Self-Control theory suggests that Wuornos acted in self-control or lacked self-control when killing the seven men. However, this is up for debate. As a prostitute for several years, she came across hundreds of men, despite this she only managed to kill seven. So, in this instance it is hard to determine whether she had a great deal of self-control of lacked self-control. She may have a great deal of self-control considering she only killed seven men. In this same instance, she may have lacked self-control in those circumstances that compelled her to kill. Lack of self-control is suggested as she may have enjoyed killing these people and might have received gratification from it. However, author Cindy Adams indicates that this is not the cause. Instead, self-control theory may overlap with Social Conflict theory, because life experience can influence individual control. Consequently, “they also acknowledge certain life events that may predict criminal behavior over time such as, later attachments to significant others or to work, which will prevent those with low self-control from offending”, (Adams, 2009)
The life and personal experiences of a serial killer can provide research analysis and understanding of why people choose to murder. While some may blame psychological, environmental, or social factors, others feel that it is simply an option of self-control. Either way, models of theoretical criminal behavior is important. It gives others insight into the mind and development of criminals. The more those individuals learn about the criminal, the more society and the justice system work to eliminate criminal activity to create a safe society. Aileen Wuornos was notorious as the first female serial killer. Her life story was made into a major motion picture called, “Monster”. This dramatization allows audiences to view Wuornos for who she was, a human-being and not a lesbian crazed killer. Despite this, researchers and scholars can utilize these theoretical models of criminal behavior to help improve the criminal justice system and better understand how society can develop serial killers.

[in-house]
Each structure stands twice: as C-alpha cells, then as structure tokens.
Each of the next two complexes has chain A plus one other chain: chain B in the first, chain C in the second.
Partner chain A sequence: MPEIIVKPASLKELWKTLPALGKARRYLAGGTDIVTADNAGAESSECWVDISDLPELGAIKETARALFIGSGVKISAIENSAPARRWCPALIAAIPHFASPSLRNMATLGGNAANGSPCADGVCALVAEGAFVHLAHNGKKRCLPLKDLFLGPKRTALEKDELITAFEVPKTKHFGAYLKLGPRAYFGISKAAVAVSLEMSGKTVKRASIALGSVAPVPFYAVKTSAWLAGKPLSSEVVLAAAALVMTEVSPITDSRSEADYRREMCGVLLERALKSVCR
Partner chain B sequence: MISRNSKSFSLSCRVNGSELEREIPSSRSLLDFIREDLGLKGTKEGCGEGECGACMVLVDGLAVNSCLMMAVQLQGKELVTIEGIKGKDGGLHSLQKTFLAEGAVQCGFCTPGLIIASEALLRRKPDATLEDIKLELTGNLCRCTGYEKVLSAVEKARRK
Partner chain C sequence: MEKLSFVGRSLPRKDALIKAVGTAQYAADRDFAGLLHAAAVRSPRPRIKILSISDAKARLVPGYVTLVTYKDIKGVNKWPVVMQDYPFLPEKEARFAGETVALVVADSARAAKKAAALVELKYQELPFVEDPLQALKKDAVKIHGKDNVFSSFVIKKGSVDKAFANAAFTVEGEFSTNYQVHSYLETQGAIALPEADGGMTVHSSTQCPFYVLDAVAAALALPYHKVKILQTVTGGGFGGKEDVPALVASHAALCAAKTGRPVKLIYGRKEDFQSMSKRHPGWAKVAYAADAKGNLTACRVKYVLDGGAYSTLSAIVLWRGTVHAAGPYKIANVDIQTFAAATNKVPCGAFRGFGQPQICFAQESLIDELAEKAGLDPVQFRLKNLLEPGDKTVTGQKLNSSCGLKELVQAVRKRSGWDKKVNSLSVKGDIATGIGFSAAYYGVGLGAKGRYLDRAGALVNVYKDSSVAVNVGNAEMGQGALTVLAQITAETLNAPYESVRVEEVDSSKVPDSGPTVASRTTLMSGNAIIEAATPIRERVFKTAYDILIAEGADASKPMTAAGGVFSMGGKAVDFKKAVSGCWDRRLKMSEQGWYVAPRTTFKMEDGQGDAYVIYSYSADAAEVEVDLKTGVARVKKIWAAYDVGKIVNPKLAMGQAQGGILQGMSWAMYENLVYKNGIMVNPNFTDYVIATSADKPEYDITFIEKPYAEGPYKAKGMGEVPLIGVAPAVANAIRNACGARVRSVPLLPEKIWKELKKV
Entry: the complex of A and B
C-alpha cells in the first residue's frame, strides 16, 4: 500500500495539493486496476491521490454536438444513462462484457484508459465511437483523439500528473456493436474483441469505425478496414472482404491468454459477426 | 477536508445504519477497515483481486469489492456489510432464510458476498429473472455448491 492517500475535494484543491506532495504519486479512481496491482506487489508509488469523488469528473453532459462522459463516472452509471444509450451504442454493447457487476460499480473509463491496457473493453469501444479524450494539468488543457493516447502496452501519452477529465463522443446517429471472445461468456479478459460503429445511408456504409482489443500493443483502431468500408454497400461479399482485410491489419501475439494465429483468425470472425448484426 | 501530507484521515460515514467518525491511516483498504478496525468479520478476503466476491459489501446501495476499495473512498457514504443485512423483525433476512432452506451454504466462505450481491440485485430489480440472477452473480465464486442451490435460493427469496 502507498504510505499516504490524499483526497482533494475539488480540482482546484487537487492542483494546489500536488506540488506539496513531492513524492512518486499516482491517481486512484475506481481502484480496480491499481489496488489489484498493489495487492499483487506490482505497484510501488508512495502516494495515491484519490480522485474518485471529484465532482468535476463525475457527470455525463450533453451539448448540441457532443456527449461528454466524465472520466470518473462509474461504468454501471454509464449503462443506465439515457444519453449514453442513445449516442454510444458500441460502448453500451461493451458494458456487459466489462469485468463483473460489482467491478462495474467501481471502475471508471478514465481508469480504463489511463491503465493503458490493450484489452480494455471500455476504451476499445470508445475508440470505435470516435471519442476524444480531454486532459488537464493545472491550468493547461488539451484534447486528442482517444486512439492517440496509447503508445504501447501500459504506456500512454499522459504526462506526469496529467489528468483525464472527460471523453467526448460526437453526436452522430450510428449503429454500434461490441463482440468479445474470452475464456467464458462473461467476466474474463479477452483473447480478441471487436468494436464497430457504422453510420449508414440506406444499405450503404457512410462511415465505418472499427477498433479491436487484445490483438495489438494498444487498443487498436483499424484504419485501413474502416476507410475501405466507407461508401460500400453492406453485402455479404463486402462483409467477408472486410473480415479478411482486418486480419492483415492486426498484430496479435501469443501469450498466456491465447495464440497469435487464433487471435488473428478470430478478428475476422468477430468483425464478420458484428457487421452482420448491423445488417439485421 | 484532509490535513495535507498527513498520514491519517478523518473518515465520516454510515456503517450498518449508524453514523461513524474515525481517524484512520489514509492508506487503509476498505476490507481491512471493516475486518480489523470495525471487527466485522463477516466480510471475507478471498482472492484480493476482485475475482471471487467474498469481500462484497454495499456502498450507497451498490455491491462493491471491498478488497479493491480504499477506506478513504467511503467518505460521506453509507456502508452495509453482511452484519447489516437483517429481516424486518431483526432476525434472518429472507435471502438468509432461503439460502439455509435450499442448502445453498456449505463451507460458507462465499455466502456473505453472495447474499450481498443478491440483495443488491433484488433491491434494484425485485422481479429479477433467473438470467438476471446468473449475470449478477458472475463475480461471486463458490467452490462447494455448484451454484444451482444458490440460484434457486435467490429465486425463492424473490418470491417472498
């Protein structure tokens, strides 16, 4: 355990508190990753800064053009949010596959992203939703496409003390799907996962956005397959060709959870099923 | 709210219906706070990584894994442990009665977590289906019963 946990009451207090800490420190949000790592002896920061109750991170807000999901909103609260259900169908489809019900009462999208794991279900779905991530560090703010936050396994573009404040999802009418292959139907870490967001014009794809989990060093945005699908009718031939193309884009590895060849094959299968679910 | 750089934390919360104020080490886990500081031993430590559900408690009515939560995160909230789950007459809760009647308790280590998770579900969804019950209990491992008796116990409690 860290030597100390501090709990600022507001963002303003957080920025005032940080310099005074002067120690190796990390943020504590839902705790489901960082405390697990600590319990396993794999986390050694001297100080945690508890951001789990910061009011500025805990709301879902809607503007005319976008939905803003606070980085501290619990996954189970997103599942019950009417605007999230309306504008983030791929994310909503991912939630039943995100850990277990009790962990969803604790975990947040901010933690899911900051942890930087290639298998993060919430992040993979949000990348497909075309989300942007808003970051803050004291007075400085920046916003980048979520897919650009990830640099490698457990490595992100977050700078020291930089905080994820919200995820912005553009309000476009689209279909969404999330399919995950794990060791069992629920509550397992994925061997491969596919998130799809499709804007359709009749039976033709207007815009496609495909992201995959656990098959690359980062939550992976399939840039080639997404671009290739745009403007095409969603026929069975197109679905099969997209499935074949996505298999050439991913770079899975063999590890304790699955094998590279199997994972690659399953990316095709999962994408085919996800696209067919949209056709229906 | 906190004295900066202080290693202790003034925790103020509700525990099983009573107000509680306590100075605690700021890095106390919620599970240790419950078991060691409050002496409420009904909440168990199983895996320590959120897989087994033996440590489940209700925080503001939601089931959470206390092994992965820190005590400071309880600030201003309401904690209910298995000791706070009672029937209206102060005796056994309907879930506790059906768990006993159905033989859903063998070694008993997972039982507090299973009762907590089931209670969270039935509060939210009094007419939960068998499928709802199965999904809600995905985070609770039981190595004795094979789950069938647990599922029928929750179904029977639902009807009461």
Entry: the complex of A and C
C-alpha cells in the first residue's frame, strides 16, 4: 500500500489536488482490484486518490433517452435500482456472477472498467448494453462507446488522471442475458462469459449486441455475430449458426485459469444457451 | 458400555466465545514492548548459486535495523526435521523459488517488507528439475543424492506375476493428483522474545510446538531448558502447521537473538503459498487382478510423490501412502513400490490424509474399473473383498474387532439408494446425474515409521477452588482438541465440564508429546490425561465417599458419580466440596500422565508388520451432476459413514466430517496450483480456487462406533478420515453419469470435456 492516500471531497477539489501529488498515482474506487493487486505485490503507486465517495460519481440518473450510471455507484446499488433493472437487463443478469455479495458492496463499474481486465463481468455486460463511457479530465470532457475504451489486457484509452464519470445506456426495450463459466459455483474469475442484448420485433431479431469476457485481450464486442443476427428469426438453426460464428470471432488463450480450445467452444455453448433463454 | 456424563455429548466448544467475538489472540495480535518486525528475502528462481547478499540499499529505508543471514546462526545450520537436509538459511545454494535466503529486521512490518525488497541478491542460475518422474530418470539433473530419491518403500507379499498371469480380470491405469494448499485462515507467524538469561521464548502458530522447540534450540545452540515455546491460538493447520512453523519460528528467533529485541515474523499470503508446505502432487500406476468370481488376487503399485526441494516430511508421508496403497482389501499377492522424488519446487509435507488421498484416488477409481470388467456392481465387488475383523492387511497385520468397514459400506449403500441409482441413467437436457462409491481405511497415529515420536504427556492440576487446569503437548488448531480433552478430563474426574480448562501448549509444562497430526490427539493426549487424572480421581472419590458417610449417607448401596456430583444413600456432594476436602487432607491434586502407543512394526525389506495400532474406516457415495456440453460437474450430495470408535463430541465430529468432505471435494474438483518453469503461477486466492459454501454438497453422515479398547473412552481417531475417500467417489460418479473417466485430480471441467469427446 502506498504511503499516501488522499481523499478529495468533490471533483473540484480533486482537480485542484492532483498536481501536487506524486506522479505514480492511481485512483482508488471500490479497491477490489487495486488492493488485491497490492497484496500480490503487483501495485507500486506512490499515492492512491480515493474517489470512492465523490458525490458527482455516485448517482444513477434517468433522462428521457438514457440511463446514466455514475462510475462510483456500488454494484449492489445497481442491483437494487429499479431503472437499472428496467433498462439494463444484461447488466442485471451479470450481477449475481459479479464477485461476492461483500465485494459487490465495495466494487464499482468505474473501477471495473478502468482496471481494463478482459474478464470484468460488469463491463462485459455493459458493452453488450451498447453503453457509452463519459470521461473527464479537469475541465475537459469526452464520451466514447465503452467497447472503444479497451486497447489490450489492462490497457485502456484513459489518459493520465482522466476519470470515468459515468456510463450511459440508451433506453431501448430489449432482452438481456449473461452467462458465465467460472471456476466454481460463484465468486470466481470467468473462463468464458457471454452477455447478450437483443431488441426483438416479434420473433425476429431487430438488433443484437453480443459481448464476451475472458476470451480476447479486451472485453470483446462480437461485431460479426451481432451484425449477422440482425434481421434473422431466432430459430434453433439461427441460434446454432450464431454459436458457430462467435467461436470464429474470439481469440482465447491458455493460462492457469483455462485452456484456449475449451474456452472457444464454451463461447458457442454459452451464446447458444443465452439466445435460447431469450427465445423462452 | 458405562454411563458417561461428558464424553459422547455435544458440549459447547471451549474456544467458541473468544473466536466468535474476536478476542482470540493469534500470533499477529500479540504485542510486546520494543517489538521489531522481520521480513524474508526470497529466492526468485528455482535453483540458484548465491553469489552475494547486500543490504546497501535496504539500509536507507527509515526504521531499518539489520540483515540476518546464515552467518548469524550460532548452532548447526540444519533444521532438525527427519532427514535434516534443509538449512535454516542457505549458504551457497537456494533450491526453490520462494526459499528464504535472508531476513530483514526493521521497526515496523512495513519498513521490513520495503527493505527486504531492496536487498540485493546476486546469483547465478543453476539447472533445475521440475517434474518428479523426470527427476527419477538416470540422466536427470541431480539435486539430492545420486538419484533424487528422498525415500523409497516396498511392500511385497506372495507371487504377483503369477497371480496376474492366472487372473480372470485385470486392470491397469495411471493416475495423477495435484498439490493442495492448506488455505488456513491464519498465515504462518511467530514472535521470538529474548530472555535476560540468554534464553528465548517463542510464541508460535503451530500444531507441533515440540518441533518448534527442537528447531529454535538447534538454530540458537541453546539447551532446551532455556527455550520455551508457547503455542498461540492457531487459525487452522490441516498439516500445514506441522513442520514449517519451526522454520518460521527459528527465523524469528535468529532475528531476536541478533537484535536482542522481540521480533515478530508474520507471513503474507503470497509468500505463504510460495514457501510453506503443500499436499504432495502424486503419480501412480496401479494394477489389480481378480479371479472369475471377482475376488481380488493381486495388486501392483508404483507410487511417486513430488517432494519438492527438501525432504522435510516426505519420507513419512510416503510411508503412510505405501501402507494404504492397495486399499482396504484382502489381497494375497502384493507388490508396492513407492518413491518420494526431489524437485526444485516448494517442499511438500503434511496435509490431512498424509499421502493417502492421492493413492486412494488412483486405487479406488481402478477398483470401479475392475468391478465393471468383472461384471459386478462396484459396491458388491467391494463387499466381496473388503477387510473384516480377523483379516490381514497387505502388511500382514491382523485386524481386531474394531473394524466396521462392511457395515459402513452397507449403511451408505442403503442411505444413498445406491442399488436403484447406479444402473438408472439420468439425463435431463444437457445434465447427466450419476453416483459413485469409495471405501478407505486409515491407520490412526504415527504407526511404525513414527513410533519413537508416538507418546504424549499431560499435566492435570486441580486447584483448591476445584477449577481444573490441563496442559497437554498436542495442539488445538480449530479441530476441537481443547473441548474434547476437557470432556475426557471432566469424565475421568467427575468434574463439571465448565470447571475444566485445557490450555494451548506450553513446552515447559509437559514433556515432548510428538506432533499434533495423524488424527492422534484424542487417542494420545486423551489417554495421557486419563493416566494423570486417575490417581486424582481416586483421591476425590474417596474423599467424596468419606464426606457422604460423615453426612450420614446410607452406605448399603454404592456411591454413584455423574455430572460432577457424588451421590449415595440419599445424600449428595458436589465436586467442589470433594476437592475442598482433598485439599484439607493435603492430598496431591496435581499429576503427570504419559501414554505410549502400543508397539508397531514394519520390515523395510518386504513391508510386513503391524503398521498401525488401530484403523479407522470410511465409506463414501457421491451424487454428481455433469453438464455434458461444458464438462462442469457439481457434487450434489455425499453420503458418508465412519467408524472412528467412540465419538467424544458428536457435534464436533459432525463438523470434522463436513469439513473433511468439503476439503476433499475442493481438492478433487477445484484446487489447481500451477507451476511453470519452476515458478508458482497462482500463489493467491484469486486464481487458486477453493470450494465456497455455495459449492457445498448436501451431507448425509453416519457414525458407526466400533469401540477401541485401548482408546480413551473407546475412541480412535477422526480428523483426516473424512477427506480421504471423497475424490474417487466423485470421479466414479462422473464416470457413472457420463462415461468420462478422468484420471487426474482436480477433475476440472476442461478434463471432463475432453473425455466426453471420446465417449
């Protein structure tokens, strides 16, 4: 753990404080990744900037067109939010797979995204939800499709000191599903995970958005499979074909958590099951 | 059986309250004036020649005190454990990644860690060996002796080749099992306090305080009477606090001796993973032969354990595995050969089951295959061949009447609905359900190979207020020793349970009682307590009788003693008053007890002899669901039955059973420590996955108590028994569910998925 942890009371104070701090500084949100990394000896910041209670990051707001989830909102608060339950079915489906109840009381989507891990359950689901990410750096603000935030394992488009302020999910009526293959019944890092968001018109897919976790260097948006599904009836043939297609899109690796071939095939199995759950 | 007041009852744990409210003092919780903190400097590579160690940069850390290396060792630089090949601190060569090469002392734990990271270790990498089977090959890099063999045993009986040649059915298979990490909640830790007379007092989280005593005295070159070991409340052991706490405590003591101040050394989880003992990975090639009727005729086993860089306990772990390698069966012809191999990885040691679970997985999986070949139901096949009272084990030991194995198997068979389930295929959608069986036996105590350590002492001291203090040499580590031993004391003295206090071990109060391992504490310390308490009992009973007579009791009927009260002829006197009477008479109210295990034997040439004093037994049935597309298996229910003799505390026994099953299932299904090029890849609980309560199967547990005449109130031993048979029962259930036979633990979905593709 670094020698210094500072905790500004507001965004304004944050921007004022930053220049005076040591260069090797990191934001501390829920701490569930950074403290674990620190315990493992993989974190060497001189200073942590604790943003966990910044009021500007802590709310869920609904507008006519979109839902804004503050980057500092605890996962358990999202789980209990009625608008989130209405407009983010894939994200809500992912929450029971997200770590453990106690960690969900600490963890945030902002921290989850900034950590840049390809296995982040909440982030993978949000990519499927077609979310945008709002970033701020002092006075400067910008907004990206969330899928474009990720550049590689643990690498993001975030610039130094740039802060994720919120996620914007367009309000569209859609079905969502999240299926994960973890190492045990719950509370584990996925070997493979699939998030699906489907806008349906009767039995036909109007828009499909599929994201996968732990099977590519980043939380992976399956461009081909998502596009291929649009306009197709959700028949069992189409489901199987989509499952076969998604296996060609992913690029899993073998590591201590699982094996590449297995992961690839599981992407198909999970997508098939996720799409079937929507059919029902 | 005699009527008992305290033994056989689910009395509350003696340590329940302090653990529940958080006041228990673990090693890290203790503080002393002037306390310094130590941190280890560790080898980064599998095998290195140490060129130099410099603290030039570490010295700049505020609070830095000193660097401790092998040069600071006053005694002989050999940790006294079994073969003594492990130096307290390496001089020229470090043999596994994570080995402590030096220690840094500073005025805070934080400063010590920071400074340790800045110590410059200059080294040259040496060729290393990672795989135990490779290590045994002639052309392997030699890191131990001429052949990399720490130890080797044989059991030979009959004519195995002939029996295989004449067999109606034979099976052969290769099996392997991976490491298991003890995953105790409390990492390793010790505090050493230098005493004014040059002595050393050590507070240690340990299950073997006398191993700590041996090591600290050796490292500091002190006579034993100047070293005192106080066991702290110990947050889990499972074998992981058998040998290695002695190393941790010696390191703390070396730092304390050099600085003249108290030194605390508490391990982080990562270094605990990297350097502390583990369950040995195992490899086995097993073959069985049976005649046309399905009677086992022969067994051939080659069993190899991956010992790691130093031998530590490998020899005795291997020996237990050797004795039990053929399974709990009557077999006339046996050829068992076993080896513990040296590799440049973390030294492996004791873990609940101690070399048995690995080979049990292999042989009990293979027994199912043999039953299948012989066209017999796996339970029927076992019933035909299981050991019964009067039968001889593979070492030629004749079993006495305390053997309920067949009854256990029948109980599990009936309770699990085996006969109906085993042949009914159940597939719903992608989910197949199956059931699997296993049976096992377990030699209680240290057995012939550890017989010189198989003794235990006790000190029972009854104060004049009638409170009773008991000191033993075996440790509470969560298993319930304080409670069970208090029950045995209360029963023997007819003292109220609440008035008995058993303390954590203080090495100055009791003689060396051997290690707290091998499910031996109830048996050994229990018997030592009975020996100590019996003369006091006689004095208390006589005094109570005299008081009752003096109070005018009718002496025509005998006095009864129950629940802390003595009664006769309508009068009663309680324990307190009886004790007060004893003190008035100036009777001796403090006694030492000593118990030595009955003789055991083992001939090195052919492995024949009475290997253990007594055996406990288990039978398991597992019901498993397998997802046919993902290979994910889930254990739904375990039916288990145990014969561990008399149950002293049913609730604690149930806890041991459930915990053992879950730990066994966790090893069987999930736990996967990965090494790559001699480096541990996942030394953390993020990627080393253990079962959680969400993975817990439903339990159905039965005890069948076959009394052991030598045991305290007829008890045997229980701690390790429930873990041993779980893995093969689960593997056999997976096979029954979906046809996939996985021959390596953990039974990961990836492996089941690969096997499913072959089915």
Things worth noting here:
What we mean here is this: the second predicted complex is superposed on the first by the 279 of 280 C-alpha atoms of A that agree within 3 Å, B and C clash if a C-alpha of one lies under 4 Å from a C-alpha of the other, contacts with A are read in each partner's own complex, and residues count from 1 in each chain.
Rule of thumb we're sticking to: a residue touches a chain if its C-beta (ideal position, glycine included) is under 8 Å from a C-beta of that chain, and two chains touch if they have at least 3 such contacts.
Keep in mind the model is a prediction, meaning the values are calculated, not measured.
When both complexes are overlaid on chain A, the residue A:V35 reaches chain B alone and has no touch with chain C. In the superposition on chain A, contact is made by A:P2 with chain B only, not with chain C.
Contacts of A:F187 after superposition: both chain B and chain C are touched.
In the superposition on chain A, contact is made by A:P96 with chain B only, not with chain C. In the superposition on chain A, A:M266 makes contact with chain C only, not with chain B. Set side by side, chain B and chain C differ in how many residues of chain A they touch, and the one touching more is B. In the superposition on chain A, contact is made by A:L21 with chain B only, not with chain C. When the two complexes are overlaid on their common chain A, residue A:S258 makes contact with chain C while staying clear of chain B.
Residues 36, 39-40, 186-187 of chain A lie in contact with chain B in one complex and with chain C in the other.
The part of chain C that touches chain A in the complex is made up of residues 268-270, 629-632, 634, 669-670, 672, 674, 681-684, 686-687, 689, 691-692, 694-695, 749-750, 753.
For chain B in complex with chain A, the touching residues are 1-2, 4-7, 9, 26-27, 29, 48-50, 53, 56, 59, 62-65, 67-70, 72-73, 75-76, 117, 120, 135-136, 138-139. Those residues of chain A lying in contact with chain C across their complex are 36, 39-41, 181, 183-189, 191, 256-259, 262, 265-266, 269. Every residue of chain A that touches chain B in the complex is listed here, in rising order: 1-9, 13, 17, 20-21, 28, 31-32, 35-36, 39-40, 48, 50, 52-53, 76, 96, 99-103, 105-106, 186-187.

Adams, C. (2009, July). Crime 101: What is the link between self-control theory, serial killer, and aileen wuornos. The Examiner, Retrieved from http://www.examiner.com/article/crime-101-what-is-the-link-between-self-control-theory-serial-killing-and-aileen-wuornos-part-1
Arrigo, B., Griffin, A., (2004). Serial Murder and the case of Aileen wuornos: Attachment theory, psychopathy, and Predatory aggression. Behavioral Sciences and the LawBehav. Sci. Law22: 375–393 Retrieved from: http://www.scribd.com/doc/61558860/Serial-Murder-and-the-Case-of-Aileen-Wuornos-Attachment-Theory-Psychopathy-and-Predatory-Aggression
Biological and developmental criminality in the case of aileen wuornos. (2011, January 09). Retrieved from http://www.unitedessays.com/essays/2621/wuornos.html
DellaSanton-Pery, C. (2005). Looking at the case of aileen wuornos from biosocial and social central theoretical perspectives. Law and Society, 21(2), Retrieved from http://mysite.cdellasanta.com/pdf/aileen_wuornos.pdf